Dacia launched Logan in Germany following five principles that may be useful to other companies planning to bring emerging market products into developed markets.

Focus on building concepts, not products. Concepts can be scaled up or down for global markets. For the German market, Dacia scaled up the product concept with more safety features and more appealing exterior characteristics, such as metallic paint which allowed the automaker to charge higher prices and higher profit margins.

Select target customers. Customers are people who buy Logan instead of a used car, a cheap, Asian import, or a very small European car valuing price, space, and reliability.

Low cost but not low quality. Dacia’s marketing strategy was built on the fact that it was able to offer low prices without sacrificing quality and safety.

Commercial innovations are essential. The Logan is not just a product innovation, but a commercial innovation as well. Dacia employs low-cost marketing -no TV commercials. Initially cars were sold through existing Renault dealerships.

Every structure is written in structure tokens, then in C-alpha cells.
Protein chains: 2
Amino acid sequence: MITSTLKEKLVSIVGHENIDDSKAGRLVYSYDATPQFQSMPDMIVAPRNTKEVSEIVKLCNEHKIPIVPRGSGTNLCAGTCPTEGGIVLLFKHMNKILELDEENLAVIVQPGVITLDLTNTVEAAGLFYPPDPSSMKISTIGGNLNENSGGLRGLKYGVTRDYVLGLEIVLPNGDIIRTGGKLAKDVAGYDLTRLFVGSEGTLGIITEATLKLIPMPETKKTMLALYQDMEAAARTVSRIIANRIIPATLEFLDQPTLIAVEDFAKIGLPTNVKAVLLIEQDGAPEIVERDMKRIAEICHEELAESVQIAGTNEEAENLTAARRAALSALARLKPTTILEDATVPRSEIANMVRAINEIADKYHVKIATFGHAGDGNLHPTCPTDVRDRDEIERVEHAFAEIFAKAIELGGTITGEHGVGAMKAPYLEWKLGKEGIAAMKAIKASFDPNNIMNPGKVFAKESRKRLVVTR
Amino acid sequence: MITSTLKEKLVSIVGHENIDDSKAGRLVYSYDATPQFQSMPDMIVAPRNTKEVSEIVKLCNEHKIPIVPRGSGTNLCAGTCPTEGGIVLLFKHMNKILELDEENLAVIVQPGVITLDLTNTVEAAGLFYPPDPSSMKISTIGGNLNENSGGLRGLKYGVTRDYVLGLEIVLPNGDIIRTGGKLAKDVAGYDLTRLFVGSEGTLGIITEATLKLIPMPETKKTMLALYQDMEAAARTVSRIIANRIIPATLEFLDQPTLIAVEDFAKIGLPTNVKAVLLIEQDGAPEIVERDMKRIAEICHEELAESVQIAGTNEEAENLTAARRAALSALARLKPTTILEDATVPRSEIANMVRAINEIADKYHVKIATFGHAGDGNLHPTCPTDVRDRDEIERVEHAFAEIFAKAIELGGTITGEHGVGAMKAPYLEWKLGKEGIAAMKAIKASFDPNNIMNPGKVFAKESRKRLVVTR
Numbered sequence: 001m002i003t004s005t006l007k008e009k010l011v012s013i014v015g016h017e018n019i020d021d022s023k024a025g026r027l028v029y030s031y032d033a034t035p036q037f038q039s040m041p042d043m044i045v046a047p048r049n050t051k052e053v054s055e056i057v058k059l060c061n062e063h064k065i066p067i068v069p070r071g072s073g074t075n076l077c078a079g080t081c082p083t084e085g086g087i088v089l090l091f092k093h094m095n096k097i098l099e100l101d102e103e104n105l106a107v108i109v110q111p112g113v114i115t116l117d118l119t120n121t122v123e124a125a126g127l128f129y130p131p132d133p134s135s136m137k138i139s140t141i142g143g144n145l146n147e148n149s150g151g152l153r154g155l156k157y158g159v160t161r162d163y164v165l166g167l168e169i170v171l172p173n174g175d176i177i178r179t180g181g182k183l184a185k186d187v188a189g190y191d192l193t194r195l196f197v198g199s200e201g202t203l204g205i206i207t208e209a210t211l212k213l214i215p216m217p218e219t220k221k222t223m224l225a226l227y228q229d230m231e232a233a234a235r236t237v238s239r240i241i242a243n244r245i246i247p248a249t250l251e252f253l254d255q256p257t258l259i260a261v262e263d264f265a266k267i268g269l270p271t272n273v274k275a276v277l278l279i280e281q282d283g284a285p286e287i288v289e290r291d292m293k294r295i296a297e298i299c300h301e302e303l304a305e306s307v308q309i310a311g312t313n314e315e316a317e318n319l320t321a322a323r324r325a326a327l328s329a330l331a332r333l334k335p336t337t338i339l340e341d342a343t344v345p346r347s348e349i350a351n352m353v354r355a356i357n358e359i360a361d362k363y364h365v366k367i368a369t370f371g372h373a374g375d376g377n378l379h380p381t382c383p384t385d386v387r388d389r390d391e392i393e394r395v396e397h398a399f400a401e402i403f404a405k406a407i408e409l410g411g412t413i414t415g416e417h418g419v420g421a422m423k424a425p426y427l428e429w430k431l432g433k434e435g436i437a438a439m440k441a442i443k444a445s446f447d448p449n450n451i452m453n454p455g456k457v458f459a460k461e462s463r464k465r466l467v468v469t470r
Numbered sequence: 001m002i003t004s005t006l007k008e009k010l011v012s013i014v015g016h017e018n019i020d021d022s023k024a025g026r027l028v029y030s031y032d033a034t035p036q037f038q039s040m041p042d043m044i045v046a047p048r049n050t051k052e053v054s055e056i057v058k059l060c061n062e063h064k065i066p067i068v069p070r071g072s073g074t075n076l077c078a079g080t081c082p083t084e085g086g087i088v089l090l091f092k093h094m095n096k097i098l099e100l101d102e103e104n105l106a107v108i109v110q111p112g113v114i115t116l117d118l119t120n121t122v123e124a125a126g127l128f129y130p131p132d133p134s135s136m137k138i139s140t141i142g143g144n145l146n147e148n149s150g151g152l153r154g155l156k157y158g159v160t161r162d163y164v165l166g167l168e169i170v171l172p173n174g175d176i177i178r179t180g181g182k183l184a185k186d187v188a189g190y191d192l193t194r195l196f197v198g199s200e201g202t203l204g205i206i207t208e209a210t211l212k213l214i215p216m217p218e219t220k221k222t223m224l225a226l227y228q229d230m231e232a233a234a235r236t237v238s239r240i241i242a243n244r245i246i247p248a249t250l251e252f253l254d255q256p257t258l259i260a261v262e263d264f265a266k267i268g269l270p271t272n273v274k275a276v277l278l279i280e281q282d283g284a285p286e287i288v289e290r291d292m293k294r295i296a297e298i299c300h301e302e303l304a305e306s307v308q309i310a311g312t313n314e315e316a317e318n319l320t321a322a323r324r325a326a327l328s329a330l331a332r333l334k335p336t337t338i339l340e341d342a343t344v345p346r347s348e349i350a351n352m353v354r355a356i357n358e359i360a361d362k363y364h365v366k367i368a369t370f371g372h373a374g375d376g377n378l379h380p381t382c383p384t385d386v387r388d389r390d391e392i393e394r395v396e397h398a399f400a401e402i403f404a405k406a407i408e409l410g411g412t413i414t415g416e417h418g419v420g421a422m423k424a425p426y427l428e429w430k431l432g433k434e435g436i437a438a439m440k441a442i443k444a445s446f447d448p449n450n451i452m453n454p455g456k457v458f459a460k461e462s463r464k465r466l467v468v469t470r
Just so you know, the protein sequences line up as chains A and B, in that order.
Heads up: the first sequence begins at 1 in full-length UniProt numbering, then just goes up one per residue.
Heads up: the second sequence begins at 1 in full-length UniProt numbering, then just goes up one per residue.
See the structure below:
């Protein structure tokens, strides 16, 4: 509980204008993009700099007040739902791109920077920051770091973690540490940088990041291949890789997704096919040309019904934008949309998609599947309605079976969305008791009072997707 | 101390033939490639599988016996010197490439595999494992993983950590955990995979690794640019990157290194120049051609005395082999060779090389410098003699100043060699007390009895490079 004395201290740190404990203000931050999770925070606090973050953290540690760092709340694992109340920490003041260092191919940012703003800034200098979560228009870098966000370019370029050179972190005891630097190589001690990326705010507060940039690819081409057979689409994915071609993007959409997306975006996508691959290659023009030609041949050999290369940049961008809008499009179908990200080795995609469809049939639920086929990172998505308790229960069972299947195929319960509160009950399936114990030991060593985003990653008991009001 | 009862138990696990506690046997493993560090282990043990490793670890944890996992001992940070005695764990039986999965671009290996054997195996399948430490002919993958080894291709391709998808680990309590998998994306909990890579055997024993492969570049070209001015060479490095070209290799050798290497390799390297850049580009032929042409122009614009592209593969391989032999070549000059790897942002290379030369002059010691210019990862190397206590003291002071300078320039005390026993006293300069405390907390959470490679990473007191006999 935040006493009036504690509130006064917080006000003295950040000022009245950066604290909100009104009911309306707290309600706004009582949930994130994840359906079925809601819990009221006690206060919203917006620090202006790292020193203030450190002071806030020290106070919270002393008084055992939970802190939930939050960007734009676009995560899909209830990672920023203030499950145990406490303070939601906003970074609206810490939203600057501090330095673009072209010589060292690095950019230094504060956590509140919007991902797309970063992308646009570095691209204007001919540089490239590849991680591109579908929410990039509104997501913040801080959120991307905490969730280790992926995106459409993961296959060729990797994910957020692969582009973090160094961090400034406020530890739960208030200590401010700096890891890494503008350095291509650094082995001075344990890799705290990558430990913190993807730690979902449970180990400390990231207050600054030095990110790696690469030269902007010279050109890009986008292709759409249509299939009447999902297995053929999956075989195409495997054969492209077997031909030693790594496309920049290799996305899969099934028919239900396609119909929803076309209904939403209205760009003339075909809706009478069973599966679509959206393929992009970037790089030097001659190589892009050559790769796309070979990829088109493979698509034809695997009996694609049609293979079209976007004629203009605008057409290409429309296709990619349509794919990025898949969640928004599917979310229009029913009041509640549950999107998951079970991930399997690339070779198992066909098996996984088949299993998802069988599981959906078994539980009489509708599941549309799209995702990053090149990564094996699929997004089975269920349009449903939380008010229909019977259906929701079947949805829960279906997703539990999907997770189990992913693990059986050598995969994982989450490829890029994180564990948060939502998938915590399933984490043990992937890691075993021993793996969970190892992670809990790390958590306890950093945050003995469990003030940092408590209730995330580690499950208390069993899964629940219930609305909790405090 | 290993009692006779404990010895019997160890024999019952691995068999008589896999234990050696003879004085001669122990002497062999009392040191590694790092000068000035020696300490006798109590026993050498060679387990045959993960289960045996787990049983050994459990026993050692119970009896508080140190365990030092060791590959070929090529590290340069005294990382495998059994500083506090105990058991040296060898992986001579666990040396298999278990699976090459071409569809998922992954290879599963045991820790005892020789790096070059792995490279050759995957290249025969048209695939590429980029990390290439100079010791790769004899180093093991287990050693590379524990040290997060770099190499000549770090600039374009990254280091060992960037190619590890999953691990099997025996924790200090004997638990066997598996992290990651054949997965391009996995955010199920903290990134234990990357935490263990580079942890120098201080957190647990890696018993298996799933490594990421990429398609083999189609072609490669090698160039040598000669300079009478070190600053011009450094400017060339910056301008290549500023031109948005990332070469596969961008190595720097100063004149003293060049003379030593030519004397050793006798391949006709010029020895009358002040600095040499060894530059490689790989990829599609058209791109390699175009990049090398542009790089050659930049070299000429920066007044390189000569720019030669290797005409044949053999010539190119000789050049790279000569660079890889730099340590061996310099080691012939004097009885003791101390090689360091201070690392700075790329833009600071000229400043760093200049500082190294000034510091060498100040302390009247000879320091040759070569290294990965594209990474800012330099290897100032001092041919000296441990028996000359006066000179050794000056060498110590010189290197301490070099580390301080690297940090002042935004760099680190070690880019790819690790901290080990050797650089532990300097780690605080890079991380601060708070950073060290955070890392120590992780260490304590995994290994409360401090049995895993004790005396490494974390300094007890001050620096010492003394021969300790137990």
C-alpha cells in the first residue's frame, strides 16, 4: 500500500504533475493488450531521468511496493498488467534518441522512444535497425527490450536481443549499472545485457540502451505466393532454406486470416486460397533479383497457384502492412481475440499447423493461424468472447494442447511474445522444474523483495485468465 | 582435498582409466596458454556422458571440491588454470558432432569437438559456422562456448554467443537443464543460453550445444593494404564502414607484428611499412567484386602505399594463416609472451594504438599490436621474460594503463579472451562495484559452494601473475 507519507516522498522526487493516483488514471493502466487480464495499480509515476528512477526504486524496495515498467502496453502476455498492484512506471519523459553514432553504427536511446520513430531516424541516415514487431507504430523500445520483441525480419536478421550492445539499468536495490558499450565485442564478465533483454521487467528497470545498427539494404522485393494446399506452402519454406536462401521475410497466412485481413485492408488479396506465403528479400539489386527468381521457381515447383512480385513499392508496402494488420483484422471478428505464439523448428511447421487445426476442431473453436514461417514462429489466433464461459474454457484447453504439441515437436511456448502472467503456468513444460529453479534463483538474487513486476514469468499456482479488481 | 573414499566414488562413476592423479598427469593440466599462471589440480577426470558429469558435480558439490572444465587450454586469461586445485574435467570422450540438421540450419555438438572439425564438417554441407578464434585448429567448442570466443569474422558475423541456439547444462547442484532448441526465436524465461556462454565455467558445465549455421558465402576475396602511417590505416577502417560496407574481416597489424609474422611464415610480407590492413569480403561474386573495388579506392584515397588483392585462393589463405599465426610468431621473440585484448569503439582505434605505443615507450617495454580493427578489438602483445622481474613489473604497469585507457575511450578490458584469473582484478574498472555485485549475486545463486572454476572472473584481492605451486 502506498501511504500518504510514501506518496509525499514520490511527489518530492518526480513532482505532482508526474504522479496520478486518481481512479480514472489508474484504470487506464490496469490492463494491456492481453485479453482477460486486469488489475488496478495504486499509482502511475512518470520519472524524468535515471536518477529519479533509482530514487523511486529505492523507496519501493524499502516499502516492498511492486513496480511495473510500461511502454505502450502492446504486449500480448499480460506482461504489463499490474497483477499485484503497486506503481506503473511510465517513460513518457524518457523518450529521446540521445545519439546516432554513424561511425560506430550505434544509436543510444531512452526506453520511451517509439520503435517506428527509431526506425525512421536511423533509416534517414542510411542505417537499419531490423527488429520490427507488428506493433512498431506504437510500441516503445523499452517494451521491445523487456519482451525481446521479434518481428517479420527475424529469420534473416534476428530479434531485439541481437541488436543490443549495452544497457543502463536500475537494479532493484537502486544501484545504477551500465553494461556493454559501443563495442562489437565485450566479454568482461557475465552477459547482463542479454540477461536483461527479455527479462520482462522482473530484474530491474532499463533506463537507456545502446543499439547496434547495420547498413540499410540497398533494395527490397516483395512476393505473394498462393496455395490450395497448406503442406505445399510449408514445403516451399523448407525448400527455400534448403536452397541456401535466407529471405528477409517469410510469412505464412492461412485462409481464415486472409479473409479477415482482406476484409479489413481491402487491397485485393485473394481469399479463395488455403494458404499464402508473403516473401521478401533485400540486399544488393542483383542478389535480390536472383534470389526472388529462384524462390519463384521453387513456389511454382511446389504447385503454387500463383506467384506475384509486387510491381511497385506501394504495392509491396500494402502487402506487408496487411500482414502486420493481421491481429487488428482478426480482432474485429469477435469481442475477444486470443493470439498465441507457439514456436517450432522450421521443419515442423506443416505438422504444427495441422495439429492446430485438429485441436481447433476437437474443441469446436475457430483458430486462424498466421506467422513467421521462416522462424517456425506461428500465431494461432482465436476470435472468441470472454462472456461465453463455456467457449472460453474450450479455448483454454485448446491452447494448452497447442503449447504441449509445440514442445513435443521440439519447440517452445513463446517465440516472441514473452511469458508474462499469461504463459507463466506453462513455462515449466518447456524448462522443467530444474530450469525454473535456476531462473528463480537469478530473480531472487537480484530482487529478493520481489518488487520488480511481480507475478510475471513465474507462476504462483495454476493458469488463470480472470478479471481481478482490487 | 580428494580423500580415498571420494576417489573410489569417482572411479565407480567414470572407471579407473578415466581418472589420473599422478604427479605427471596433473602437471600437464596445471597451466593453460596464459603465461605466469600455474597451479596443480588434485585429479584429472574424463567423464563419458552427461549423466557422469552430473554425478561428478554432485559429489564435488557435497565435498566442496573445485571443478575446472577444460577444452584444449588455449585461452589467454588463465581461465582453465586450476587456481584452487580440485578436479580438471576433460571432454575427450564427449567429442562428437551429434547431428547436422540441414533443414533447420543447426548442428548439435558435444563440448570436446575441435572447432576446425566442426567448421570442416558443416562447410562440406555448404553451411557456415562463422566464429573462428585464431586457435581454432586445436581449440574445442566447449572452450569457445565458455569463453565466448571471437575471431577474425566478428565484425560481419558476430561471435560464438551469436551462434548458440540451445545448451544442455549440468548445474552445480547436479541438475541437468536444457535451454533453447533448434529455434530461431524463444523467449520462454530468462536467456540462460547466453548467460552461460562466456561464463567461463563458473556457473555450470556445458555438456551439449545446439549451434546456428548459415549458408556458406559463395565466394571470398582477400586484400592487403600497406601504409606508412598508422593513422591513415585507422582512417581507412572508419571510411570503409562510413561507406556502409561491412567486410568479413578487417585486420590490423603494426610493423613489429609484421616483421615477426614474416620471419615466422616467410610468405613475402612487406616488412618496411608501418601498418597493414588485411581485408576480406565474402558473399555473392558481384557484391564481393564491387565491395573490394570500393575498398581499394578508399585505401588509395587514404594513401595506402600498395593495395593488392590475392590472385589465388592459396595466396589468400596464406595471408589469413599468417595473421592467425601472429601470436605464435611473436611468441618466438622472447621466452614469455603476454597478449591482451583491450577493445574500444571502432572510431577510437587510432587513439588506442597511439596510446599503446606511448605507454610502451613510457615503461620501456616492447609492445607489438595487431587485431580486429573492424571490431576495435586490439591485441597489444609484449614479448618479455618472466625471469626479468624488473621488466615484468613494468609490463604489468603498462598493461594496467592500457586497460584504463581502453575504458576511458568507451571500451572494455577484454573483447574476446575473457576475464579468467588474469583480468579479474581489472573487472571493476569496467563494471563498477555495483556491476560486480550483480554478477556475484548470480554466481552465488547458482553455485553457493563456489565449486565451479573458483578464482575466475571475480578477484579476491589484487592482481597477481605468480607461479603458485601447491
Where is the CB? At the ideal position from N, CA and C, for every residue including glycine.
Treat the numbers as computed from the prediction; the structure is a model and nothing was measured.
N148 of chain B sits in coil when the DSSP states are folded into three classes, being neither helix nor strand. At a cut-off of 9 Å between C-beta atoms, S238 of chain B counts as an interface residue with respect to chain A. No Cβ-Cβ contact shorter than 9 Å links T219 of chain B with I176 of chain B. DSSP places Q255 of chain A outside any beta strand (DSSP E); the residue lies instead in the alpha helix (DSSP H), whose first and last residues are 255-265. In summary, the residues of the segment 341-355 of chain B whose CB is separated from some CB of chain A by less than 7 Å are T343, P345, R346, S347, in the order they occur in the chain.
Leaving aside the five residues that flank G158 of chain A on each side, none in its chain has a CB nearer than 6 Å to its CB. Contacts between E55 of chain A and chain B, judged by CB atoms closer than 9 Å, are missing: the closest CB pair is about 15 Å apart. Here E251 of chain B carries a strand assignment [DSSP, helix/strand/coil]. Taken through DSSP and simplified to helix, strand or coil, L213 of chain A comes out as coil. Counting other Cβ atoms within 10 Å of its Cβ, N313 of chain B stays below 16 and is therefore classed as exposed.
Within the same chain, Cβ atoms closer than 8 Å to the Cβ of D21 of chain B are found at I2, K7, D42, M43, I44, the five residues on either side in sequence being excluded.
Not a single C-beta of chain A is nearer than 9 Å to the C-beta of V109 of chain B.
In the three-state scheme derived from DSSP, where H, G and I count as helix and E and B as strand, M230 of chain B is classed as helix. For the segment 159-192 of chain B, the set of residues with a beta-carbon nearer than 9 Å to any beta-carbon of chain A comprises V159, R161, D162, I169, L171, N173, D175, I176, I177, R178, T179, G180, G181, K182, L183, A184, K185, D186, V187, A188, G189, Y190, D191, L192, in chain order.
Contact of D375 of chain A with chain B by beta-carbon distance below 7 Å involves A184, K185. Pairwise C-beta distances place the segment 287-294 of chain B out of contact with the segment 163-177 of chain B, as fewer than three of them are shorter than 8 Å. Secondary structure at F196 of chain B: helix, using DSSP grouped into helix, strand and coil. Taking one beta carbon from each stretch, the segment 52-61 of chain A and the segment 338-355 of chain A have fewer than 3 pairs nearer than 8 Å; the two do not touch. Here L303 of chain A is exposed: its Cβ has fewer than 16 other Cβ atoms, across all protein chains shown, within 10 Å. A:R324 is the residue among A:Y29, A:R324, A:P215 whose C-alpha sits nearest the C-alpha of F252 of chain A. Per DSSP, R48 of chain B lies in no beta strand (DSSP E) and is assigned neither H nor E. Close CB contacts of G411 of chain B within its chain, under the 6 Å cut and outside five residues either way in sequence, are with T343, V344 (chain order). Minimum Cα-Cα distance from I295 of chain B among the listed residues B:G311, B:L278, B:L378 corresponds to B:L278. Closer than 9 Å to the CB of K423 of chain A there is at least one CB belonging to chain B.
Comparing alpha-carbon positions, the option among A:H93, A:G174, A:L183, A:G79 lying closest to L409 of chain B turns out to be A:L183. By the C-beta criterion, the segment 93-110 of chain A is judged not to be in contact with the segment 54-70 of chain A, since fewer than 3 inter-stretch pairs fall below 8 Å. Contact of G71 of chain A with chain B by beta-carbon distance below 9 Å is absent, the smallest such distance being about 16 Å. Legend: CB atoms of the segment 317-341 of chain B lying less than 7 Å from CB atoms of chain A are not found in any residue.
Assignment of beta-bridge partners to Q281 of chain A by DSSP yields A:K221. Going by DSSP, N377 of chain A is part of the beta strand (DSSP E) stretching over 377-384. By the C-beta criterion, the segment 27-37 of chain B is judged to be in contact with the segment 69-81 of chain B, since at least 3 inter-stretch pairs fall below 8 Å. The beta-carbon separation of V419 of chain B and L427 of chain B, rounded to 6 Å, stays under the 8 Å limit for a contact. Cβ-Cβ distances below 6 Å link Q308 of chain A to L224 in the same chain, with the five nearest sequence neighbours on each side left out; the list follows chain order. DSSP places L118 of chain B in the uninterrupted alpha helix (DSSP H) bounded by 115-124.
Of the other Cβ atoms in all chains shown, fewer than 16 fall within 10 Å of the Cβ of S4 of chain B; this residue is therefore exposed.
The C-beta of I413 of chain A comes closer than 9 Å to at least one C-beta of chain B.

Protect global brand. In order to avoid potential negative effects on the core brand Renault introduced Dacia Logan as a separate brand.

The Jugaad mindset was applied to Frugal innovation . Jugaad is a Hindi word meaning “an improvised solution born from ingenuity”: Seek opportunity in adversity, do more with less, think and act flexibly, keep it simple, include the margin and follow your heart. You can read about Jugaad in “Jugaad: A Frugal, Flexible Approach to Innovation” written by Navi Radjou, Jaideep Prabhu and Simone Ahuja.

By Irina Budrina, Guest Writer, [email protected] 

(photo source: Dacia Logan)